Uptake of glycine by field grown wheat

Authors

  • Torgny Näsholm,

    1. Umeå Plant Science Center, Department of Forest Genetics and Plant Physiology, Swedish University of Agricultural Sciences, S-901 83 Umeå, Sweden;
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  • Kerstin Huss-Danell,

    1. Department of Agricultural Research for Northern Sweden, Crop Science Section, Swedish University of Agricultural Sciences, S-904 03 Umeå, Sweden;
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  • Peter Högberg

    1. Section of Soil Science, Department of Forest Ecology, Swedish University of Agricultural Sciences, S-901 83 Umeå, Sweden
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Author for correspondence: Torgny Näsholm Tel: +46 90 786 6302 Fax: +46 90 786 5901 Email:torgny.nasholm@genfys.slu.se

Summary

  • • Uptake of glycine, a simple organic nitrogen (N) source, directly from the soil is shown here in a conventionally cropped wheat ( Triticum aestivum ) field.
  • • Wheat plants were harvested after tracer injections into the soil of two forms of dual-labelled amino acid; [ 13C2], [15N]-glycine and 2-[13C], [15N]-glycine. Uptake of intact amino acid was analysed by stable isotope–, and gas chromatography–, mass spectrometry.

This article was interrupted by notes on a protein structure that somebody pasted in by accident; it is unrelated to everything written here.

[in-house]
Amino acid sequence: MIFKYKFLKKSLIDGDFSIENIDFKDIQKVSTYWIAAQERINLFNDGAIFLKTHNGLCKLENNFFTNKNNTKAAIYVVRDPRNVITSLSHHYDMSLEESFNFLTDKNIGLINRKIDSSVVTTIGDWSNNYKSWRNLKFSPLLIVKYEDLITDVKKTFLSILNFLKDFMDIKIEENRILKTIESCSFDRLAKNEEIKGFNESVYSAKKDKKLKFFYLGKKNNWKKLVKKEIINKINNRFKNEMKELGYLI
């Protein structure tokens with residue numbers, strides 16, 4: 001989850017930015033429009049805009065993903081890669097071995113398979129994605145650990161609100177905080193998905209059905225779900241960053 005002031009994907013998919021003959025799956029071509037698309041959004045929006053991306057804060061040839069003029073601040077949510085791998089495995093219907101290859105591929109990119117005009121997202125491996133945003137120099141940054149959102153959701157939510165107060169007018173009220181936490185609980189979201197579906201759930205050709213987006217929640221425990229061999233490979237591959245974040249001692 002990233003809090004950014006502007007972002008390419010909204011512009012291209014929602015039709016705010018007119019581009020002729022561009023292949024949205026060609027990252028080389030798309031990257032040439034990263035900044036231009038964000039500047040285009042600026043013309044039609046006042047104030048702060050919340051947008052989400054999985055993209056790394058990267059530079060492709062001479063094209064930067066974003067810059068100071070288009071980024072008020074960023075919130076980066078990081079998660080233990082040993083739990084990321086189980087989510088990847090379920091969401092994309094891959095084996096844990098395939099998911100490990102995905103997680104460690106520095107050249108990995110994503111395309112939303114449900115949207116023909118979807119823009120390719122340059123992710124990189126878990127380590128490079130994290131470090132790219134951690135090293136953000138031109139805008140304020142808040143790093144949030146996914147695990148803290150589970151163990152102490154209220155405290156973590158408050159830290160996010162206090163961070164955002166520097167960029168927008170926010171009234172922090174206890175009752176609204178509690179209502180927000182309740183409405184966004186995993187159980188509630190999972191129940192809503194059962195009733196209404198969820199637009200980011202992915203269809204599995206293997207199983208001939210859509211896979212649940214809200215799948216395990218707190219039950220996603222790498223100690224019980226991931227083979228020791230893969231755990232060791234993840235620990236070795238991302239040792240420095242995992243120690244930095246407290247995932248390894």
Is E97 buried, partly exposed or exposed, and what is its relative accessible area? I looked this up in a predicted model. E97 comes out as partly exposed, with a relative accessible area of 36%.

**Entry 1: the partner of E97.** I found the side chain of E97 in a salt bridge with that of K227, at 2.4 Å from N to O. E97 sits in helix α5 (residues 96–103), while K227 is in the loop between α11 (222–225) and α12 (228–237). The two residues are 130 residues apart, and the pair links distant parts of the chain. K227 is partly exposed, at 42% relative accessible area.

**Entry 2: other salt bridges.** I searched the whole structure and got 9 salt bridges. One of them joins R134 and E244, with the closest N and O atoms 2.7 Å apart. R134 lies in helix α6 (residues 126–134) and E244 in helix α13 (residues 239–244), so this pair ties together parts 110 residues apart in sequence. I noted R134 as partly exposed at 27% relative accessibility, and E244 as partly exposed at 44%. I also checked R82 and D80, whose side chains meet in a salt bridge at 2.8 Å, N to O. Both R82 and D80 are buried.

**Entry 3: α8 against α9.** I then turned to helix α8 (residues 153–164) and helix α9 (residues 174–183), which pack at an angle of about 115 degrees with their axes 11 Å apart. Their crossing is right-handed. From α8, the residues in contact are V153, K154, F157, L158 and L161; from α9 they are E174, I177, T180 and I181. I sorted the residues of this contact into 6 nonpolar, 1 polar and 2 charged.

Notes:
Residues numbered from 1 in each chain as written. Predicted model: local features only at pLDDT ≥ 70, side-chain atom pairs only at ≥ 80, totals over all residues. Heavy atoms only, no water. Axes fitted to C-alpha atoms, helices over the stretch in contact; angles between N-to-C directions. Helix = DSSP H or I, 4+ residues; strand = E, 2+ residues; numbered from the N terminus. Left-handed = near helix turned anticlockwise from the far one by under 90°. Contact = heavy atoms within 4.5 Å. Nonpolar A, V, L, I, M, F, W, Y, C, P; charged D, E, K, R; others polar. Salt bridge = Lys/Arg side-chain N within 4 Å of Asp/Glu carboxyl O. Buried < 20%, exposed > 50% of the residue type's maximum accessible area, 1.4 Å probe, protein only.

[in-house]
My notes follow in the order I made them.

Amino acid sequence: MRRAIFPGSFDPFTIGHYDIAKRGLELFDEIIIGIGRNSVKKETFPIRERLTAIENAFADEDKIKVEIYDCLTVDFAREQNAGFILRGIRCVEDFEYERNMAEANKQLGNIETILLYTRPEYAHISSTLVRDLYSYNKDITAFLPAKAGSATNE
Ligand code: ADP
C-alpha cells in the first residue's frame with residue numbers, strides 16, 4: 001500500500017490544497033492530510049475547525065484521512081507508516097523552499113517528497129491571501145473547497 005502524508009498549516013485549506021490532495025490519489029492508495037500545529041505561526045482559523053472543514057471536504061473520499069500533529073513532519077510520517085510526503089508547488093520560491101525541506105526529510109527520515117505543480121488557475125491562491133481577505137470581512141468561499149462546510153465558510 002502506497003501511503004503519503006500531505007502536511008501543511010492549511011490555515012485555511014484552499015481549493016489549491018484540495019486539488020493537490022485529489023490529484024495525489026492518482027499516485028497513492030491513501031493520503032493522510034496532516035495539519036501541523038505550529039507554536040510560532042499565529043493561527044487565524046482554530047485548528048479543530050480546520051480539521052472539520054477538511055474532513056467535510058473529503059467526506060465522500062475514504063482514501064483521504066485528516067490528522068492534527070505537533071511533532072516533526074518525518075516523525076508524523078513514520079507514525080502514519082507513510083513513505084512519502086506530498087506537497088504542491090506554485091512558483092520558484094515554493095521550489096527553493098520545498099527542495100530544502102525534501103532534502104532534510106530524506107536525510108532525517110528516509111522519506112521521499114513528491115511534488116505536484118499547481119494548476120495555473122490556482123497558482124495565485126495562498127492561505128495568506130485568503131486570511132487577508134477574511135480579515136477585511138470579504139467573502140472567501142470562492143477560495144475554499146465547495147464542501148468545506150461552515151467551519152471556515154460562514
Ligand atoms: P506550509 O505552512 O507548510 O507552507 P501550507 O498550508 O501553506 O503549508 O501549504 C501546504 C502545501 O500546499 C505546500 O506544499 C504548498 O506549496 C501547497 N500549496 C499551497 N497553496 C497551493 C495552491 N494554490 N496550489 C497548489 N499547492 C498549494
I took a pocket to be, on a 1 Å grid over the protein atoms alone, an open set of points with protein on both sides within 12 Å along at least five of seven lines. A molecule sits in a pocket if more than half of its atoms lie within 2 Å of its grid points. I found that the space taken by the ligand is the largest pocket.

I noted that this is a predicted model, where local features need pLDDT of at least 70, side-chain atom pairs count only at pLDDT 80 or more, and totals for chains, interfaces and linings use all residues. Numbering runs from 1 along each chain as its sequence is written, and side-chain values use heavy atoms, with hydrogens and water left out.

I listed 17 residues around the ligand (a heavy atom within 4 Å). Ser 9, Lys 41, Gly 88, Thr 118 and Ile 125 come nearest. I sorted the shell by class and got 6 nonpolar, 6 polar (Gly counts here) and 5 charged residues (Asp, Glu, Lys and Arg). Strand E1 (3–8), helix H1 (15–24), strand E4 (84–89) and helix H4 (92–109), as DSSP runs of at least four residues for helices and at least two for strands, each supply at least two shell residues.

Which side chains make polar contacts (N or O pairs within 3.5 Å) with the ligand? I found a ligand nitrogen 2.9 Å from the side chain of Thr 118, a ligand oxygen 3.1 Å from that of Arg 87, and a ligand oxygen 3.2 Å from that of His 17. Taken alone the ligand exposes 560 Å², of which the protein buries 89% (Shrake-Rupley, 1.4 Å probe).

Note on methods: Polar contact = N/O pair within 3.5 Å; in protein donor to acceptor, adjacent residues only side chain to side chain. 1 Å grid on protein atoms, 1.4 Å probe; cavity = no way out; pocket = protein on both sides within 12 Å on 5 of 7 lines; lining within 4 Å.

• • Significant increases in 13 C were found in root extracts for all glycine-treated plants. Regression analysis of excess 13 C vs excess 15 N for the two glycine forms showed that at least 20% of absorbed glycine-N was derived from uptake of intact glycine. Gas chromatography–mass spectrometry was used to verify the presence of intact dual-labelled glycine in wheat roots. Results also indicated that glycine decarboxylase had a minor role in metabolism of absorbed glycine in wheat roots. Microbial metabolism in the soil did, however, result in rapid decarboxylation of added glycine.
  • • Field-grown wheat takes up glycine directly from the soil; the dependence of agricultural plants on nitrate and ammonium as the only forms of available N is therefore questionable.

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